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At the Library: Start the new year at the Captiva Library

By Staff | Jan 7, 2015

Kids and families! At 3 p.m. on Saturday, Jan. 10, join Miss Naomi in Going Bananas at the Captiva Memorial Library. Enjoy monkeying around with tales about primates and a free craft activity.

CIA agents, police officers, young heroes and love:

“A Nasty

Piece of Work”

by Robert Littell

“Former CIA agent Lemuel Gunn left the battlefield of Afghanistan for early retirement in the desert of New Mexico, where he works as a private investigator from the creature comforts, such as they are, of a mobile home. Into his life comes Ornella Neppi, a thirty-something woman making a hash out of her uncle’s bail-bonds business. The source of her troubles, Emilio Gava, was arrested for buying cocaine. Ornella has reason to believe he is planning to jump bail. Unless she can find him, her uncle is going to be $125,000 out of pocket. For $95-a-day plus expenses (not to mention the pleasure of her company), Gunn agrees to help Ornella track the wayward suspect down. Curiously, no photographs of Gava seem to exist. Once Gunn begins his manhunt, he starts to wonder whether Gava himself existed in the first place.” *

“The Lion Seeker”

by Kenneth Bonert

“Are you a stupid or a clever? Such is the refrain in Isaac Helger’s mind as he makes his way from redheaded hooligan to searching adolescent to striving young man on the make. His mother’s question haunts every choice. Are you a stupid or a clever? Will you find a way to lift your family out of Johannesburg’s poor inner city, to buy a house in the suburbs, to bring your aunts and cousins from Lithuania? Isaac’s mother is a strong woman and a scarred woman; her maimed face taunts him with a past no one will discuss. As World War II approaches, then falls upon them, they hurtle toward a catastrophic reckoning. Isaac must make decisions that, at first, only seem to be life-or-death, then actually are. Meanwhile, South Africa’s history, bound up with Europe’s but inflected with its own accents-Afrikaans, Zulu, Yiddish, English-begins to unravel. Isaac’s vibrant, working-class, Jewish neighborhood lies near the African slums; under cover of night, the slums are razed, the residents forced off to townships. Isaac’s fortune-seeking takes him to the privileged seclusion of the Johannesburg suburbs, where he will court forbidden love. It partners him with the unlucky, unsinkable Hugo Bleznick, selling miracle products to suspicious farmers. And it leads him into a feud with a grayshirt Afrikaaner who insidiously undermines him in the auto shop, where Isaac has found the only work that ever felt true. And then his mother’s secret, long carefully guarded, takes them to the diamond mines, where everything is covered in a thin, metallic dust, where lions wait among desert rocks, and where Isaac will begin to learn the bittersweet reality of success bought at truly any cost. A thrilling ride through the life of one fumbling young heroWe are caught – hearts open and wrecked – between the urgent ambitions of a mother who knows what it takes to survive and a son straining against the responsibilities of the old world, even as he is endowed with the freedoms of the new.” *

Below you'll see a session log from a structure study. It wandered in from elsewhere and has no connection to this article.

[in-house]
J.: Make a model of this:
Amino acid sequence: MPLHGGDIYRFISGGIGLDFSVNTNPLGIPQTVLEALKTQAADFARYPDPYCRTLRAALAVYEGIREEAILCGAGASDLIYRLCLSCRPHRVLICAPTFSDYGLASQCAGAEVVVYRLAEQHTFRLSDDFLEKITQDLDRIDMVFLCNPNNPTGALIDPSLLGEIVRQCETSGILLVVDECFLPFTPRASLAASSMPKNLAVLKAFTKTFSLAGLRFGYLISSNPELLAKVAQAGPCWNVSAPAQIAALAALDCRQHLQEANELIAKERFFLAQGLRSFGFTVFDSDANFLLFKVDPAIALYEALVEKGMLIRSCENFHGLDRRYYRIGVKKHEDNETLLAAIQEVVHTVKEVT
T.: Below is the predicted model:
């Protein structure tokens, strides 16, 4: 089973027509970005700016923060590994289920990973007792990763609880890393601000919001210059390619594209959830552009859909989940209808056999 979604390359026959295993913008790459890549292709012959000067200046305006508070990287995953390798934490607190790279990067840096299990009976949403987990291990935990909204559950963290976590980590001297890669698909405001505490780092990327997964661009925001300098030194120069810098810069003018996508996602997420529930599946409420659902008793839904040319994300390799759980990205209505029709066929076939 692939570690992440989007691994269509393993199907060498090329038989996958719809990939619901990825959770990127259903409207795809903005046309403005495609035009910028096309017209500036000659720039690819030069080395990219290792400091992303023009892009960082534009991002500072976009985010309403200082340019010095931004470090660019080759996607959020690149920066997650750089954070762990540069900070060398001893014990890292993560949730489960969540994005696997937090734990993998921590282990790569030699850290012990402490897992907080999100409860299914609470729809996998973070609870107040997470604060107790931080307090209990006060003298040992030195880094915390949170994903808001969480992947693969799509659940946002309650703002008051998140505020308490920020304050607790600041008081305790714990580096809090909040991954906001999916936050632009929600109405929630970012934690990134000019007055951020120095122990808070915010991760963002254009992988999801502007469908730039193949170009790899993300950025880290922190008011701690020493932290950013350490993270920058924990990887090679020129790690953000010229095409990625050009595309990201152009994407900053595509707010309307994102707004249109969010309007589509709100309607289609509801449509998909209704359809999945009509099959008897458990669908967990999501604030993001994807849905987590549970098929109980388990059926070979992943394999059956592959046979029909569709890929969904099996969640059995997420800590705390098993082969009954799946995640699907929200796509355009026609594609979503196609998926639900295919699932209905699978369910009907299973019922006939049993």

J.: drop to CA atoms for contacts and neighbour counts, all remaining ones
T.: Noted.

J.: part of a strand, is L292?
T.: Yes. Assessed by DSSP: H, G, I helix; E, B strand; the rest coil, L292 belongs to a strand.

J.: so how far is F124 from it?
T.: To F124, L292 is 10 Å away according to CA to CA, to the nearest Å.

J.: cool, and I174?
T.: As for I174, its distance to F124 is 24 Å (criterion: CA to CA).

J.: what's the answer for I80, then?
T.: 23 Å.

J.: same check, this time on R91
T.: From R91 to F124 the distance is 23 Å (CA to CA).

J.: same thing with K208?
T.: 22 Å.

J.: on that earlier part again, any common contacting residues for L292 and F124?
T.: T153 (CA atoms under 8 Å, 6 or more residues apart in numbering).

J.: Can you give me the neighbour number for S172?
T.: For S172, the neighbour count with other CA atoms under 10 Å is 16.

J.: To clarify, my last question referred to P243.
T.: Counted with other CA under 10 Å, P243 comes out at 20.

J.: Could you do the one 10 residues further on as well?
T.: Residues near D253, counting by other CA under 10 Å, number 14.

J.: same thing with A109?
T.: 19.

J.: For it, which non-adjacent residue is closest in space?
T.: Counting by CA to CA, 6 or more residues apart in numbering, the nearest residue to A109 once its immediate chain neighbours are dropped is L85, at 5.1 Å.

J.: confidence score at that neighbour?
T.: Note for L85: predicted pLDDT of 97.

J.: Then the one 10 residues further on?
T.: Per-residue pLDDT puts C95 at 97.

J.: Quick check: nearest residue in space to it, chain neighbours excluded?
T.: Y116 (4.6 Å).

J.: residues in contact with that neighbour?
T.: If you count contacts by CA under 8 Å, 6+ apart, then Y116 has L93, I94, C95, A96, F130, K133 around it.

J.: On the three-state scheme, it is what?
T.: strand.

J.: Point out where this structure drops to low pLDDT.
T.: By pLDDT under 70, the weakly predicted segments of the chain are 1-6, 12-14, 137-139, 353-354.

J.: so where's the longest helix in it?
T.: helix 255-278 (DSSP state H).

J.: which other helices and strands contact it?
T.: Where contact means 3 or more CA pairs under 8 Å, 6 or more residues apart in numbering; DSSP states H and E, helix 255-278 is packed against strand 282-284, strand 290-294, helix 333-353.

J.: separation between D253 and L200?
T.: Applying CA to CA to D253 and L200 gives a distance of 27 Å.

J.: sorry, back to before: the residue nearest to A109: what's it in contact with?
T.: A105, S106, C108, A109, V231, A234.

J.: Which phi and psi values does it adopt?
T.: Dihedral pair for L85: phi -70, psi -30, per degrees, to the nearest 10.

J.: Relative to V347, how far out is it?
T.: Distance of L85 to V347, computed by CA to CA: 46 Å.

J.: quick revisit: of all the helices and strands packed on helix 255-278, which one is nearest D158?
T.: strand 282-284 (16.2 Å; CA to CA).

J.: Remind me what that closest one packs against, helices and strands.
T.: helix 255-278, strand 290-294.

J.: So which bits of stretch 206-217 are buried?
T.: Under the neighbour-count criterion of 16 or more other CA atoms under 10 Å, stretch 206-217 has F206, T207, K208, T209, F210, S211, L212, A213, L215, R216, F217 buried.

“The Good Boy”

by Theresa Schwegel

“For Officer Pete Murphy, K9 duty is as much a punishment as a promotion. When a shaky arrest reignites a recent scandal and triggers a multimillion-dollar lawsuit, all eyes are on Pete as the department braces for another media firestorm. Meanwhile, Pete’s eleven-year-old son Joel feels invisible. His parents hardly notice him–unless they’re arguing about his ‘behavioral problems’–and his older sister, McKenna, has lately disappeared into the strange and frightening world of teenagerdom. About the only friend Joel has left is Butchie, his father’s furry ‘partner.’ When Joel and Butchie follow McKenna to a neighborhood bully’s party, illegal activity kicks the dog’s police training into overdrive, and soon the duo are on the run, navigating the streets of Chicago as they try to stay one step ahead of the bad guys–bad guys who may have a very personal interest in getting some payback on Officer Pete Murphy.” *

“Someone Else’s Love Story”

by Joshilyn Jackson

“funny, charming, and poignant novel about science and miracles, secrets and truths, faith and forgiveness; about falling in love, and learning that things aren’t always what they seem-or what we hope they will be. Shandi Pierce is juggling finishing college, raising her delightful 3-year-old genius son Nathan, aka Natty Bumppo, and keeping the peace between her eternally warring, long-divorced parents. She’s got enough complications without getting caught in the middle of a stick-up and falling in love with William Ashe, who willingly steps between the robber and her son. Shandi doesn’t know that her blond god Thor has his own complications. When he looked down the barrel of that gun he believed it was destiny: It’s been one year to the day since a tragic act of physics shattered his world. But William doesn’t define destiny the way others do. A brilliant geneticist who believes in facts and numbers, destiny to him is about choice. Now, he and Shandi are about to meet their so-called destinies head on, making choices that will reveal unexpected truths about love, life, and the world they think they know.” *

* Book jacket/publisher description

-Senior Librarian Ann Bradley is branch manager Captiva Memorial Library